Killing Car

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“Because ‘Killing Asian model of few words’ wouldn’t fit on the DVD sleeve.”

This is a surreal revenge thriller, which begins at a scrapyard where the bickering of a couple is interrupted by an Oriental woman (Tsang), who shoots them dead and takes a car. A series of similar encounters follows, which take a similar form: we are introduced to one or more characters; then the woman shows up, and kills them, leaving a toy car behind at the scene as a marker. This includes a photographer and her assistant; an antiques dealer and his girlfriend; the owner of a dance club, etc. Meanwhile, two cops are following the trail of corpses and Hot Wheels, and it gradually becomes clear that the woman’s actions are tied to a car accident the previous year, with which all her victims had a connection of some kind.

It’s a very chilly piece, with a central character about whom we know almost nothing for the great majority of the film, making it difficult to empathize with her murderous rampage. Meanwhile, it doesn’t take long before we realize that just about everyone else to whom we’re introduced, is going to get shot, so there’s no point in getting attached to, or even caring about them. The role is one that was written for Tsang, who never appeared in anything else, as far as I can tell: that probably says more than anything else. She’s not bad, and has a certain cold charisma that’s appropriate, but there just isn’t enough on which to hang any criticism of her performance. Certainly, despite a willingness to shed her clothes, she’s nowhere near as good as Brigitte Lahaie was in the other Rollin flick we’ve reviewed here, Fascination – interestingly, that appears to be explicitly referenced in one scene here, with a scythe being wielded in a very similar way.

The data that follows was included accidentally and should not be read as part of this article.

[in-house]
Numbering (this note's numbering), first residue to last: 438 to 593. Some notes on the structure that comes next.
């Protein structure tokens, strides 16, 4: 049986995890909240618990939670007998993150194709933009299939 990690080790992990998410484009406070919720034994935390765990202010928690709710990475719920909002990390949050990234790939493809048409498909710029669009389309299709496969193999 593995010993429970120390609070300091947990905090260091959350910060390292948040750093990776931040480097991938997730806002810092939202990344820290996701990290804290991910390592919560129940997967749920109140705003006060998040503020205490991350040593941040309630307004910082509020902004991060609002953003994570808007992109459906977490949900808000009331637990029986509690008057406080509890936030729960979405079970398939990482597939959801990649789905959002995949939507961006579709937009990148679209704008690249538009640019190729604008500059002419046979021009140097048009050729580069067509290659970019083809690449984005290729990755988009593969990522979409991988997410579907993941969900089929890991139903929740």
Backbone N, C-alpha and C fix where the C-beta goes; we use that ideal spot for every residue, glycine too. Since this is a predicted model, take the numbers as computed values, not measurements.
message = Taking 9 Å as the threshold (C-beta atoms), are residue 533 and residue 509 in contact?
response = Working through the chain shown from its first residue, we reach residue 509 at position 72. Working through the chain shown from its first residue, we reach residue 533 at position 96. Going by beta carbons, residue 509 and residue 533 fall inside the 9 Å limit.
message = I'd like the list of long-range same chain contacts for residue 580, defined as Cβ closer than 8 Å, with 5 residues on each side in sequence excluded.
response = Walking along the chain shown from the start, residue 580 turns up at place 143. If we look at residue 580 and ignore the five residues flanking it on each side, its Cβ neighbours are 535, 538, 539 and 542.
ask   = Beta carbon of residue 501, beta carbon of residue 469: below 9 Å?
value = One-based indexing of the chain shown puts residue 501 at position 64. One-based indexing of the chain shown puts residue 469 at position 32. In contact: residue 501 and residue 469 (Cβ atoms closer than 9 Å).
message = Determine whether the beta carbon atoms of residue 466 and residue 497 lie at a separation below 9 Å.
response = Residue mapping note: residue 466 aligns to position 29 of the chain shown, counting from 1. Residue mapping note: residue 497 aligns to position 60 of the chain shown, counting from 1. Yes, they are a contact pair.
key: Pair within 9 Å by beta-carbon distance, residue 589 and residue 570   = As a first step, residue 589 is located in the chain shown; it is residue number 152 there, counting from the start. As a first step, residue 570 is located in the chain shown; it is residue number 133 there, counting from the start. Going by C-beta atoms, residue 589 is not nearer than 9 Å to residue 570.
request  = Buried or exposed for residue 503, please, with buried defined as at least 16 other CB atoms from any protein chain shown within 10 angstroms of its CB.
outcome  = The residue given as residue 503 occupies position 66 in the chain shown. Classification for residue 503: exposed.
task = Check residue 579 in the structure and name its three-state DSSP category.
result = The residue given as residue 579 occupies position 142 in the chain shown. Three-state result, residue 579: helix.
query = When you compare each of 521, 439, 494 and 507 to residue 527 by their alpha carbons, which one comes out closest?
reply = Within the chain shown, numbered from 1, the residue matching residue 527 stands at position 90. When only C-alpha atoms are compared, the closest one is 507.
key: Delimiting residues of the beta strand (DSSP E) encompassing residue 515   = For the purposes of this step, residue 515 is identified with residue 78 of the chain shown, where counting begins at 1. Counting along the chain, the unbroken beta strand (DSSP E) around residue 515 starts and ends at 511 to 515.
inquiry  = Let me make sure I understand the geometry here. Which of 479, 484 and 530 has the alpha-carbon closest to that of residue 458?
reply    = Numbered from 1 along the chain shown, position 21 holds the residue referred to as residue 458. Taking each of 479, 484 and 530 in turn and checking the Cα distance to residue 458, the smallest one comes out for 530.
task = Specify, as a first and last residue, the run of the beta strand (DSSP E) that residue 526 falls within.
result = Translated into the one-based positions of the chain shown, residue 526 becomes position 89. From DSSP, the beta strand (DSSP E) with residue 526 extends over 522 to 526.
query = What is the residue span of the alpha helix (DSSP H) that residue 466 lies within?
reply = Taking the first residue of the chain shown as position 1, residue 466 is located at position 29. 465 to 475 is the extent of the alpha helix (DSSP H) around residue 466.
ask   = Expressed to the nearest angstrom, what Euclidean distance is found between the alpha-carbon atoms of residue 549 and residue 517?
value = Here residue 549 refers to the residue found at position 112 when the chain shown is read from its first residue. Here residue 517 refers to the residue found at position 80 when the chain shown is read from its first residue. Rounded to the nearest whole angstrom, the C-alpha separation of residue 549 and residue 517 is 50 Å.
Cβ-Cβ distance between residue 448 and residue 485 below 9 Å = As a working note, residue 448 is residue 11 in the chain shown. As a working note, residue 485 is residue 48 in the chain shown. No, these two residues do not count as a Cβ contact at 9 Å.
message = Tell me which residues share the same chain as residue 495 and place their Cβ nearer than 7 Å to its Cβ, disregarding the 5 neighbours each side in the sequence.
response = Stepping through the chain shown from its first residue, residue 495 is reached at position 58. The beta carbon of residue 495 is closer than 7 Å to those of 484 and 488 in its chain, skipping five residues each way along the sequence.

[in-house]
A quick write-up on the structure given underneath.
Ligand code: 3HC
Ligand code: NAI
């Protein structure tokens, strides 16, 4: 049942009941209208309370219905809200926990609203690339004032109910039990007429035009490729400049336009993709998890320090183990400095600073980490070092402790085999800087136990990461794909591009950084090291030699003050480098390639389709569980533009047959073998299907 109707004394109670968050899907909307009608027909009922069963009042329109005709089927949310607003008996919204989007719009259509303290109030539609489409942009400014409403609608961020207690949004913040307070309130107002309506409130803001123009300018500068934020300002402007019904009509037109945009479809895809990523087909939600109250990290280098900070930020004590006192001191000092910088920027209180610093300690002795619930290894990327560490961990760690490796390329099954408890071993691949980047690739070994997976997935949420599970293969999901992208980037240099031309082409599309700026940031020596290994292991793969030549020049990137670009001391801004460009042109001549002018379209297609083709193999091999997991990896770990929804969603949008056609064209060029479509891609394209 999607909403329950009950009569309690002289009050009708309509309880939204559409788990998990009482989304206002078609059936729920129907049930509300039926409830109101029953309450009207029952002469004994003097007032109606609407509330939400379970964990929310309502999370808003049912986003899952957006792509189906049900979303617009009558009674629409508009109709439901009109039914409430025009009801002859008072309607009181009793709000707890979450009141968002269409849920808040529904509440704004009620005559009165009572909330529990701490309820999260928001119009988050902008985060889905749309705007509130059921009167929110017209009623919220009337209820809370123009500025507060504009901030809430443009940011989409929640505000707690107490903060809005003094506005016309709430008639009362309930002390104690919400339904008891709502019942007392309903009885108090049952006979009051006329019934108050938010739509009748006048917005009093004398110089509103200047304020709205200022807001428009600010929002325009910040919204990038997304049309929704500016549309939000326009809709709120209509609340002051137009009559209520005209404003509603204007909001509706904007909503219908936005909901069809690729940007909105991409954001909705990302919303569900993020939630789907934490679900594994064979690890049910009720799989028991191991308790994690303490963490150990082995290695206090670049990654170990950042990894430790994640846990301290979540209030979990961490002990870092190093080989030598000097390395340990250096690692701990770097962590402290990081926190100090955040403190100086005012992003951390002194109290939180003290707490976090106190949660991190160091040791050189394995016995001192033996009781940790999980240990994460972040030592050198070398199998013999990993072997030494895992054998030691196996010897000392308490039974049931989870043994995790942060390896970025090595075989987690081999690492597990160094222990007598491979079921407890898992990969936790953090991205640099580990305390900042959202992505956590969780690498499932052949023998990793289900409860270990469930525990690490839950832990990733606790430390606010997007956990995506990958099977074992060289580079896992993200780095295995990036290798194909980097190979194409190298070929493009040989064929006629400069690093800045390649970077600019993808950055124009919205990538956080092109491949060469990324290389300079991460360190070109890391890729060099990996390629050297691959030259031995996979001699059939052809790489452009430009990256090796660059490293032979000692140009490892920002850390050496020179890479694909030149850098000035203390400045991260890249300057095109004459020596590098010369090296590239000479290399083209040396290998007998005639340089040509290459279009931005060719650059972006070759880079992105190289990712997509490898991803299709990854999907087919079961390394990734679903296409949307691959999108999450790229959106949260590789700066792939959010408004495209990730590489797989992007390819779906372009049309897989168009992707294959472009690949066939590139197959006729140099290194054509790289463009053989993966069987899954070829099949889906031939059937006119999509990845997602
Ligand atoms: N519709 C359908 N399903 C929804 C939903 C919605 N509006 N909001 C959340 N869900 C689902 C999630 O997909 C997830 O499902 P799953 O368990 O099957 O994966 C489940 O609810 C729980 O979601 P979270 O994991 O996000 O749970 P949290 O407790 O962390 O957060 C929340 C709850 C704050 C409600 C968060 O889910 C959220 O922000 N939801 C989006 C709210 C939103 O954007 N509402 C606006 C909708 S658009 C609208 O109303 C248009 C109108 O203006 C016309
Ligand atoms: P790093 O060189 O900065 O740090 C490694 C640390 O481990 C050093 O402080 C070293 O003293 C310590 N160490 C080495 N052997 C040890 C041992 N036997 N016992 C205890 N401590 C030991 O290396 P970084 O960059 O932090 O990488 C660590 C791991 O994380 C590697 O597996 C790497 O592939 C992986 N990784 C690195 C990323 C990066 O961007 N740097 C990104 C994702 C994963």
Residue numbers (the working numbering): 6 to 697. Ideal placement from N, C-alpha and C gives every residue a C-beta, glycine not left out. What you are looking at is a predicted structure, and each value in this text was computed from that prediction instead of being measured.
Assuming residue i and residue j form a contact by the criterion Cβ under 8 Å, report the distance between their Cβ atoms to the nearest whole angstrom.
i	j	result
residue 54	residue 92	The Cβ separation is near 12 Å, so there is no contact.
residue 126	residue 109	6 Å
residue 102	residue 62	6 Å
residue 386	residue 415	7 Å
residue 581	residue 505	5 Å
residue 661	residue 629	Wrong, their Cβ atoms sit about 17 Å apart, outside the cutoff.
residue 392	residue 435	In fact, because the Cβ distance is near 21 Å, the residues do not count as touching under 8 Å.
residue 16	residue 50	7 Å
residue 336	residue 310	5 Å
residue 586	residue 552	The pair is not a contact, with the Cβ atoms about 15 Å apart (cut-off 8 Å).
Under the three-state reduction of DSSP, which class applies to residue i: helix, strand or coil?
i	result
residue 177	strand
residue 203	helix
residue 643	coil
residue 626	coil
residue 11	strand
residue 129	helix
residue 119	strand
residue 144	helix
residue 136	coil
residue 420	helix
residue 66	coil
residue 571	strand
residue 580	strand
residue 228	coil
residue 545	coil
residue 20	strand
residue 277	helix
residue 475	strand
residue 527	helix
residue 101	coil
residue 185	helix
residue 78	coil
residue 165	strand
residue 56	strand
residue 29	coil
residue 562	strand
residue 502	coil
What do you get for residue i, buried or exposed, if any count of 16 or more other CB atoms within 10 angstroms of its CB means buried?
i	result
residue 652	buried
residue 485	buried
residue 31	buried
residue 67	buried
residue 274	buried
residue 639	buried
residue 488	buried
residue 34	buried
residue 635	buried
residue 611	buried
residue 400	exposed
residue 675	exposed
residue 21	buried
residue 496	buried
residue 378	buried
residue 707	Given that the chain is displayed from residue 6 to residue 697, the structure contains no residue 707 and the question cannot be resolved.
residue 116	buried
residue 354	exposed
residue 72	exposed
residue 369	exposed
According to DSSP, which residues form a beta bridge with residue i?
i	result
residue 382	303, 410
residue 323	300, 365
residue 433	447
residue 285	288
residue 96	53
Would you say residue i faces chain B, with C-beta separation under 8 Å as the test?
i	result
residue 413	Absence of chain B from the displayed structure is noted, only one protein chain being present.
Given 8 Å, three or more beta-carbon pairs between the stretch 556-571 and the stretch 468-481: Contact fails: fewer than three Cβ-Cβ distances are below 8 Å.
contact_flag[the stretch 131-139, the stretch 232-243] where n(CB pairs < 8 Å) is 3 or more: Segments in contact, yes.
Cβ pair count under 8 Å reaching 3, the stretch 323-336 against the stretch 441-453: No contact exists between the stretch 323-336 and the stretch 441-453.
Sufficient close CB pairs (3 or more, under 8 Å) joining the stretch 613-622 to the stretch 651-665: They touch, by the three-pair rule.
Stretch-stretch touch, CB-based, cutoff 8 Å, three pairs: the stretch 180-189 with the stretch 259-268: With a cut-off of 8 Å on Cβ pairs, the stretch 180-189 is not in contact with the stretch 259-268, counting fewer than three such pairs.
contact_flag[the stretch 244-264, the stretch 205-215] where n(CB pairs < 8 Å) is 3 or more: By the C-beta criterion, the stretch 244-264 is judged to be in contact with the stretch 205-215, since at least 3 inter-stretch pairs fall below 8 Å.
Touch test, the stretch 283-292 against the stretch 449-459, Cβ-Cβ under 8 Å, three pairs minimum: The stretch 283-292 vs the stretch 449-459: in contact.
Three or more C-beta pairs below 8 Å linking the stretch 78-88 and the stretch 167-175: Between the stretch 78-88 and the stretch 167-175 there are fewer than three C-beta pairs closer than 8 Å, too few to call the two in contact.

It does remind me somewhat of Ms. 45 too, with a lead character who lets her violent deeds speak louder than her words, though the motive there was a good deal clearer, and placed up front. The highlight is probably an early gun-battle in an almost deserted fairground, which has an eerie, suspenseful quality that’s quite effective, and it’s interesting to see a Rollin movie which does not include female vampires, a staple of his work. However, on balance, I think a few more fangs, perhaps accompanied by a less willfully-misleading title, might not have been a bad thing.

Dir: Jean Rollin
Star: Tiki Tsang, Frederique Haymann, Jean-Jacques Lefeuvre, Karine Swenson

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